An avid decoy collector’s private collection went up for auction last week, and several rare Chesapeake Bay carvings sold for more than $100,000 each.
The Dr. Peter J. Muller Jr. Collection of American Bird Decoys was sold by Copley Fine Art Auctions in Massachusetts. Dr. Muller was a Georgia veterinarian who practiced for nearly 50 years before he passed away in 2019, just shy of 91 years old. He collected animal-inspired art and even authored a book on antique decoys with his wife.
His collection included several decoys carved on Cobb Island, Virginia in the 1880s that Muller bought from the collection of legendary collector William J. Mackey Jr. in the 1970s.
The Cobb family bought Cobb Island and settled on the Virginia barrier island in 1839, eventually building a hotel and later, a church. The Cobbs were known for saving shipwrecked sailors and salvaging wrecks, and established a life-saving station that would eventually inspire the Coast Guard Station Cobb Island. Many Cobb decoys used materials from salvaged ships.
The most notable carving sold last week, the “Mackey Cobb Feeding Brant Decoy,” was made by Nathan Cobb Jr. in 1880 and used in the gunning rig of Cobb’s son, Elkanah. The underside is branded “E. B. COBB.” Copley Fine Art Auctions says the hand-hollowed brant’s painstaking details include “bold shoulder carving, an arching neck, and diamond-cut wing tips,” along with “an inletted root-head, well-defined full cheek carving, and inset German glass eyes within deep eye grooves.”
The brant sold for $155,000. Other decoys by Nathan Cobb Jr., like “The Mackey-Waring Swimming Cobb Goose Decoy”, sold for tens of thousands of dollars. Only 16 years after Cobb Jr. carved these special decoys, an 1896 hurricane cut Cobb Island by two-thirds and its residents abandoned their home for the mainland.
Another highlight of Dr. Muller’s collection sold last week is a pair of canvasbacks carved by the famed Ward Brothers of Crisfield, Md. Stephen and Lemuel Ward carved “The Purnell-Muller Ward Canvasback Pair” in 1932. Copley writes, “Like the best of the 1930s canvasbacks, they have turned heads, broad flared bills, and thin paddle tails. It is rare to find survivors with original bills and tails intact as these features were prone to breakage.” The pair sold at auction for $107,500.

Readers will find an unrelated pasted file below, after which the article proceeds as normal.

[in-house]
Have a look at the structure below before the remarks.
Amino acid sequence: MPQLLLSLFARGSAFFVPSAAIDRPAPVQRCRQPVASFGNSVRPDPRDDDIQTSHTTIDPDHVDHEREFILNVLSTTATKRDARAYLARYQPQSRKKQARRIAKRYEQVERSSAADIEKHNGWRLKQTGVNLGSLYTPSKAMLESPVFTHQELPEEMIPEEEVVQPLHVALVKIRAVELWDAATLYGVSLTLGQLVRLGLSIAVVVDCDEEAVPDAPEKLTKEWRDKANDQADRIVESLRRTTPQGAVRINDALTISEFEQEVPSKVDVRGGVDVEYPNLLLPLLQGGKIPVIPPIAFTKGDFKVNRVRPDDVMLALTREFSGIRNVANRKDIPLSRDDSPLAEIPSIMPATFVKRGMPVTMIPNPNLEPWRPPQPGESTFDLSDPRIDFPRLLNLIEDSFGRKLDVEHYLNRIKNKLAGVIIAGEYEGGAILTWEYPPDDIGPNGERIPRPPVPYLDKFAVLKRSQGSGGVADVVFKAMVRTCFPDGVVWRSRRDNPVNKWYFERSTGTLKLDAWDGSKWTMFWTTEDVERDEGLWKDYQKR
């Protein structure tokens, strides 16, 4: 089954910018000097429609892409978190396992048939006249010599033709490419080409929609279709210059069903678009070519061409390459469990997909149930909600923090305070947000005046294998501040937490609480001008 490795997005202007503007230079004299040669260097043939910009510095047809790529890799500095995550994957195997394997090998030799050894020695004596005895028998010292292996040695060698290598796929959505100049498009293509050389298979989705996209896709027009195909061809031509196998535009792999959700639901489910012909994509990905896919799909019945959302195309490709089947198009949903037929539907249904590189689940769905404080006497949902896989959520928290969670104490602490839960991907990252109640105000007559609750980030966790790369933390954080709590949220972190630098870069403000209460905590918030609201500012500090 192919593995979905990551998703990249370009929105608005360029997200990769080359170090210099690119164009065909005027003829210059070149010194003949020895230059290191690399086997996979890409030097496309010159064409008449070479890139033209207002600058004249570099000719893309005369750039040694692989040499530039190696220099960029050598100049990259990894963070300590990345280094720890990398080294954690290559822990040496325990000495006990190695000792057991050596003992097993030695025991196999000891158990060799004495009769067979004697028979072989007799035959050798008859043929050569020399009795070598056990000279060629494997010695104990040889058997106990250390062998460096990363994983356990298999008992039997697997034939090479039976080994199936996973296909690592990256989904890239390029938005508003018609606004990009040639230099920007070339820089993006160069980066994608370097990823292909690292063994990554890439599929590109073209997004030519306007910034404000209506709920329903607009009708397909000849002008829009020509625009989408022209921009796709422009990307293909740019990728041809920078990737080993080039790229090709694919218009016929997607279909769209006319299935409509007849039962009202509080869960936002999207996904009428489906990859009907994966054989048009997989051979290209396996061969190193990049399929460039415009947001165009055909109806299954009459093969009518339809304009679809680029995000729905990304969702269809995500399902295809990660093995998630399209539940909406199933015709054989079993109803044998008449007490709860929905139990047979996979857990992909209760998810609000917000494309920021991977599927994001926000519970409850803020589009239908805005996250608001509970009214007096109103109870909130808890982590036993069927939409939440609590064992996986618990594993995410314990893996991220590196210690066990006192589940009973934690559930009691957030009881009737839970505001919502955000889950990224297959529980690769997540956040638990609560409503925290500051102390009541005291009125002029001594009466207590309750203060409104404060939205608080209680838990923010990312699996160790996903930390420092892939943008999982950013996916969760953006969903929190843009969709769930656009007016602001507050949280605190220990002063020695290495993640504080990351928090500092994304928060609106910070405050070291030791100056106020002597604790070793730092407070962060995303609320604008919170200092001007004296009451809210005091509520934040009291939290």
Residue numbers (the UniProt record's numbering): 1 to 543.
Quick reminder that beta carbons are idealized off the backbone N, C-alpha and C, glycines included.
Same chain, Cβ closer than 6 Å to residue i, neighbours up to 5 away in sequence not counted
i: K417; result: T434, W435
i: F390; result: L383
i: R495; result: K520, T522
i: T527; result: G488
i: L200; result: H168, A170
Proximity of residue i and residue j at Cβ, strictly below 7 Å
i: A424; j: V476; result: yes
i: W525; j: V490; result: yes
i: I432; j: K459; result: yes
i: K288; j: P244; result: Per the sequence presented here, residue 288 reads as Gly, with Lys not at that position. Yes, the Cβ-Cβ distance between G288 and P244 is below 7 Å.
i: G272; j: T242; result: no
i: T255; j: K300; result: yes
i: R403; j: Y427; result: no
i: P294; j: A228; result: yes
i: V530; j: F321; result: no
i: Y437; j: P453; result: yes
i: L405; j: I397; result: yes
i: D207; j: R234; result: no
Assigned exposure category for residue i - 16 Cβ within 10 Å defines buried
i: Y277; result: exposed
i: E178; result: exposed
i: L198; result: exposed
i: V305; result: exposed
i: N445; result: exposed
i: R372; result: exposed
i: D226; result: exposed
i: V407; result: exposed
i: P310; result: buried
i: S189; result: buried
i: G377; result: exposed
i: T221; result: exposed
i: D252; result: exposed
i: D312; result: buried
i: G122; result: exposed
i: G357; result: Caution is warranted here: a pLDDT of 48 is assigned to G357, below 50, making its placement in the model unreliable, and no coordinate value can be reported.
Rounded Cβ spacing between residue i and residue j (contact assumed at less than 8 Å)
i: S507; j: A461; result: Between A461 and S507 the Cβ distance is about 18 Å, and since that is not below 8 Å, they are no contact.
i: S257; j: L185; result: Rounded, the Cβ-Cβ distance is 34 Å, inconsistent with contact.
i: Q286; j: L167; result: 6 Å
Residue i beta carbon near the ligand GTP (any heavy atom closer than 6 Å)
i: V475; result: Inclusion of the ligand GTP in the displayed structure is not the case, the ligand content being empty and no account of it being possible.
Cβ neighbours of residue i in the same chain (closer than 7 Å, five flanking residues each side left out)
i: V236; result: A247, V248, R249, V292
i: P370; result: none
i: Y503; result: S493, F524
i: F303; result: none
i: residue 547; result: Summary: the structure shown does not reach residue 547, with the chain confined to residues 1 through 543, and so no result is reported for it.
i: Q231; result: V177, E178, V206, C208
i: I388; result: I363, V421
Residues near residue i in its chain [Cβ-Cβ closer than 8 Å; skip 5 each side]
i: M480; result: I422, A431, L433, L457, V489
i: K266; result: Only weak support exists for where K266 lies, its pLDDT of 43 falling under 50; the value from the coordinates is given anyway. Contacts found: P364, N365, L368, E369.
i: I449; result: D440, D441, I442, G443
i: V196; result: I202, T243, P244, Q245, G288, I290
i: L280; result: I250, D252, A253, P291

That’s far from the most valuable Ward Brothers work, as one reportedly sold in 2016 for more than $210,000. Why do antique decoys fetch such high prices? Eric Stewart, spokesman for the Ward Museum in Salisbury, Md. tells Bay Bulletin it’s not just about their beauty.
“They can tell you about the location they’re from by the materials they’re made of, and colors and techniques used. They can tell you about the values, interests, and influences of their makers,” Stewart says.
“Decoy makers represent ways of life, they represent parts of our regional and national heritage that are sometimes perceived as slipping away. In a way, what gives decoys value is the same thing that gives any piece of art its value. It’s the fact that within a carved bird exists whole stories, worlds, and cultures wrapped up in a small wooden package.”
Then again, Stewart points out, sometimes a collector simply falls in love with a piece, and perceived value goes out the window.
-Meg Walburn Viviano